“This is quite unfortunate”: Elections Canada bureaucrats scramble after Trump retweet

Elections Canada was inundated with media requests, emails and social media engagement after the agency’s Twitter account was retweeted by former president Donald Trump in November, internal documents show.

Emails obtained through access to information show Elections Canada bureaucrats scrambling to respond to media inquiries after the retweet, which two officials called “unfortunate.”

“Yes, this is quite unfortunate and not at all intended,” Chief Electoral Officer Stephane Perrault wrote in response to an email from his counterpart in British Columbia. “Our social media team was simply responding to persistent questions and inaccurate stories about how we use Dominion. We have nothing against Dominion (or tabulation where it is warranted).”

In another email, deputy chief electoral officer Anne Lawson calls the tweet “very unfortunate, to say the least.”

“The only good thing about this: we’ve just been retweeted to 88 (million) followers,” one official wrote.

Included in the documents is a screenshot from an internal Slack messaging group, in which someone reacted to an article about the Trump retweet with a poop emoji, an image depicting a smiling pile of feces.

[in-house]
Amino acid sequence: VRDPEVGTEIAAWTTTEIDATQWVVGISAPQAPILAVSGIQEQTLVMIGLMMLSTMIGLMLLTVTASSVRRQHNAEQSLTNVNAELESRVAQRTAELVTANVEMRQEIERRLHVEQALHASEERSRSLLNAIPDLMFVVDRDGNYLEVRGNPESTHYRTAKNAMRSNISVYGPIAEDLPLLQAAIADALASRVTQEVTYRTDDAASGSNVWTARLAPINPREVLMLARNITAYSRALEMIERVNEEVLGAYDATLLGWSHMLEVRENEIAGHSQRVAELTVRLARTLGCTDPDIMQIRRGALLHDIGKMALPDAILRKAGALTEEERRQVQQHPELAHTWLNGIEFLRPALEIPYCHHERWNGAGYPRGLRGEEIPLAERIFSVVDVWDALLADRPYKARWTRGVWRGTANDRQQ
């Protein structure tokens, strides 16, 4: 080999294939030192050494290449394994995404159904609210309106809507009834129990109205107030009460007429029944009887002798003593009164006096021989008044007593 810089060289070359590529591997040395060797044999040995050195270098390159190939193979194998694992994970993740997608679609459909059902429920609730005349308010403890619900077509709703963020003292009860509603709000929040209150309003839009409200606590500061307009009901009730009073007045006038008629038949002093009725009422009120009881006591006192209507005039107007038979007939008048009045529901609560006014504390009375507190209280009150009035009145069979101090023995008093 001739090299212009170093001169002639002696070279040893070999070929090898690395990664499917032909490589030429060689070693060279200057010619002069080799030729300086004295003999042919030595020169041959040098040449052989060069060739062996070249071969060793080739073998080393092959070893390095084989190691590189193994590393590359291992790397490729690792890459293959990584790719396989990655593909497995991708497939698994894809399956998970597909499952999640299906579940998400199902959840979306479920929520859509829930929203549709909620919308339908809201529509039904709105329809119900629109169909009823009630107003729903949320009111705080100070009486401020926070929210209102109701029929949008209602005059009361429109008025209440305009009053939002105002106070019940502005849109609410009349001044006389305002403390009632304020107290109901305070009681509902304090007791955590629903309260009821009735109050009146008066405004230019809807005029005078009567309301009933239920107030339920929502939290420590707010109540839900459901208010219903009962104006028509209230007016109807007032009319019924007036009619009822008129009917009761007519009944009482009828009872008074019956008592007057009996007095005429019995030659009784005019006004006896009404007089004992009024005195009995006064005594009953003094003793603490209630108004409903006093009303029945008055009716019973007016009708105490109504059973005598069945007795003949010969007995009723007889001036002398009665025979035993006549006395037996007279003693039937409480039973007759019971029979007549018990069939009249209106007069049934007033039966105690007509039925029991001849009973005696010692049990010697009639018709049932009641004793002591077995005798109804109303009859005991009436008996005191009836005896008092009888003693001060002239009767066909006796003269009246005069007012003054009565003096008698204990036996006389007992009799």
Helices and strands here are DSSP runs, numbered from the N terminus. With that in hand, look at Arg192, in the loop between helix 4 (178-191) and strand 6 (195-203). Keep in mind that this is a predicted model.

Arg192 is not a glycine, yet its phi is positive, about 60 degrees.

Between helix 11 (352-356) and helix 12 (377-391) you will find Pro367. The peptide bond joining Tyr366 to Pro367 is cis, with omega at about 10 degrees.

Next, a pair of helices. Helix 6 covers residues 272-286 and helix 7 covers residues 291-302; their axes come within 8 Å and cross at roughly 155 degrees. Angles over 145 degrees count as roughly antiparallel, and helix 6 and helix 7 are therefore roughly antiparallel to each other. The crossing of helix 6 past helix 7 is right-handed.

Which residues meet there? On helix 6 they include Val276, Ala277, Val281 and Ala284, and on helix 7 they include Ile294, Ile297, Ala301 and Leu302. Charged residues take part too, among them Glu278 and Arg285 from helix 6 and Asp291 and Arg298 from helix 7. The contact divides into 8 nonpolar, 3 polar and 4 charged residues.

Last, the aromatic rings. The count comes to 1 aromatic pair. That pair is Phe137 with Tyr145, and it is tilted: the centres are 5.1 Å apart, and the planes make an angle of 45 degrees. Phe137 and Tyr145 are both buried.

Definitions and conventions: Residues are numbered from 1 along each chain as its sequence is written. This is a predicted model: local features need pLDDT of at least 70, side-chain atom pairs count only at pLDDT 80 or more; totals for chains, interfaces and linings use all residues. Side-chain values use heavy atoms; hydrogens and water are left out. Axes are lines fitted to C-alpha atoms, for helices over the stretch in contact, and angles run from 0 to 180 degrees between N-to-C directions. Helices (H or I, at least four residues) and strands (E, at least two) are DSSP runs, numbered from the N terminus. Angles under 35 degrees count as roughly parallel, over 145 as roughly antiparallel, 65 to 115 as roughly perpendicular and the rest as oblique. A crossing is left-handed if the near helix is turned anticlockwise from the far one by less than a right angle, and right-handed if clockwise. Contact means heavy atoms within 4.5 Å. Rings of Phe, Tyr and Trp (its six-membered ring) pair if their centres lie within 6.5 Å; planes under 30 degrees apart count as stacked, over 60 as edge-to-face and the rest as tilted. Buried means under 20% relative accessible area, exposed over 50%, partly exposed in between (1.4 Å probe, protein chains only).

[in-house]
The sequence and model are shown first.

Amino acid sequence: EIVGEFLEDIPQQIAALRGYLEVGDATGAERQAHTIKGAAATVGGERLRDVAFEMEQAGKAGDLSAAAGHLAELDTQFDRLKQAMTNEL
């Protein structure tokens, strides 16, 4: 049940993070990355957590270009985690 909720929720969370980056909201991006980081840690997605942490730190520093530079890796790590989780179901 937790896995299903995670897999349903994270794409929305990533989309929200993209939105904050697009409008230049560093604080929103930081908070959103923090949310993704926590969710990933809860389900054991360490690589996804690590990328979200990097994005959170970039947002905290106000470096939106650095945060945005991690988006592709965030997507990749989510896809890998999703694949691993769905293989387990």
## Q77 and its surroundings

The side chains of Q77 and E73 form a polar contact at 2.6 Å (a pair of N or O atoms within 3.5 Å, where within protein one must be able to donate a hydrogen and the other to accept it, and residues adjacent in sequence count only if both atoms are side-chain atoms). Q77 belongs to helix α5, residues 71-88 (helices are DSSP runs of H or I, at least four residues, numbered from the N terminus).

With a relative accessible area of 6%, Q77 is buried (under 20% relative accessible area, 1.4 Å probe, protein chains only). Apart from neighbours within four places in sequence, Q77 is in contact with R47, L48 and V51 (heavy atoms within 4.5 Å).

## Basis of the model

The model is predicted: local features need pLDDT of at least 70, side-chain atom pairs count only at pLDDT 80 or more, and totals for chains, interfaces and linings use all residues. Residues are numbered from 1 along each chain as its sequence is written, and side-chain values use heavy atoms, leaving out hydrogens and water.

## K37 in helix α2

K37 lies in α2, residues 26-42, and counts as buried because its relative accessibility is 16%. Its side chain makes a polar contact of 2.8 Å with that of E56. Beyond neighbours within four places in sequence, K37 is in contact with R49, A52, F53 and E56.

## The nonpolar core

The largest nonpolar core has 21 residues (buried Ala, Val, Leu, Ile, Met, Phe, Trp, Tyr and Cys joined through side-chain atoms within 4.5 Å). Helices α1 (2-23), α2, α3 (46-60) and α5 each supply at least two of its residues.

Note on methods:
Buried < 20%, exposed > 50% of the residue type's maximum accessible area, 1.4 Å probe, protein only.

The catalyst was a tweet from Elections Canada responding to a surge in questions about vote-counting machines made by Dominion, a Canadian company put under the microscope by prominent Republicans following the 2020 presidential election.

“Elections Canada does not use Dominion Voting Systems,” the tweet said. “We use paper ballots counted by hand in front of scrutineers and have never used voting machines or electronic tabulators to count votes in our 100-year history.”

“THIS SAYS IT ALL,” Trump said in his retweet. 

One internal email suggests the initial tweet might not have gone over well among Elections Canada staff.

“Do we know yet who is approving the tweets we are issuing?” wrote one senior director.

“I do not know. This is the same thing that I saw on Facebook which I also reacted to,” her colleague replied.

The response generated was greater than Elections Canada had ever received, even during an election, one staffer noted.

Emails sent to Elections Canada from the general public show a combination of support for the message and criticism for seemingly meddling in a presidential election.

This concern was echoed by an impassioned media request from a Wall Street Journal reporter.

“I need answers immediately about a tweet that Elections Canada issued on Nov 16 about using paper ballots and not using the Dominion Voting System,” the reporter said. “Why did Elections Canada believe it needed to insert itself into a US electoral dispute?”

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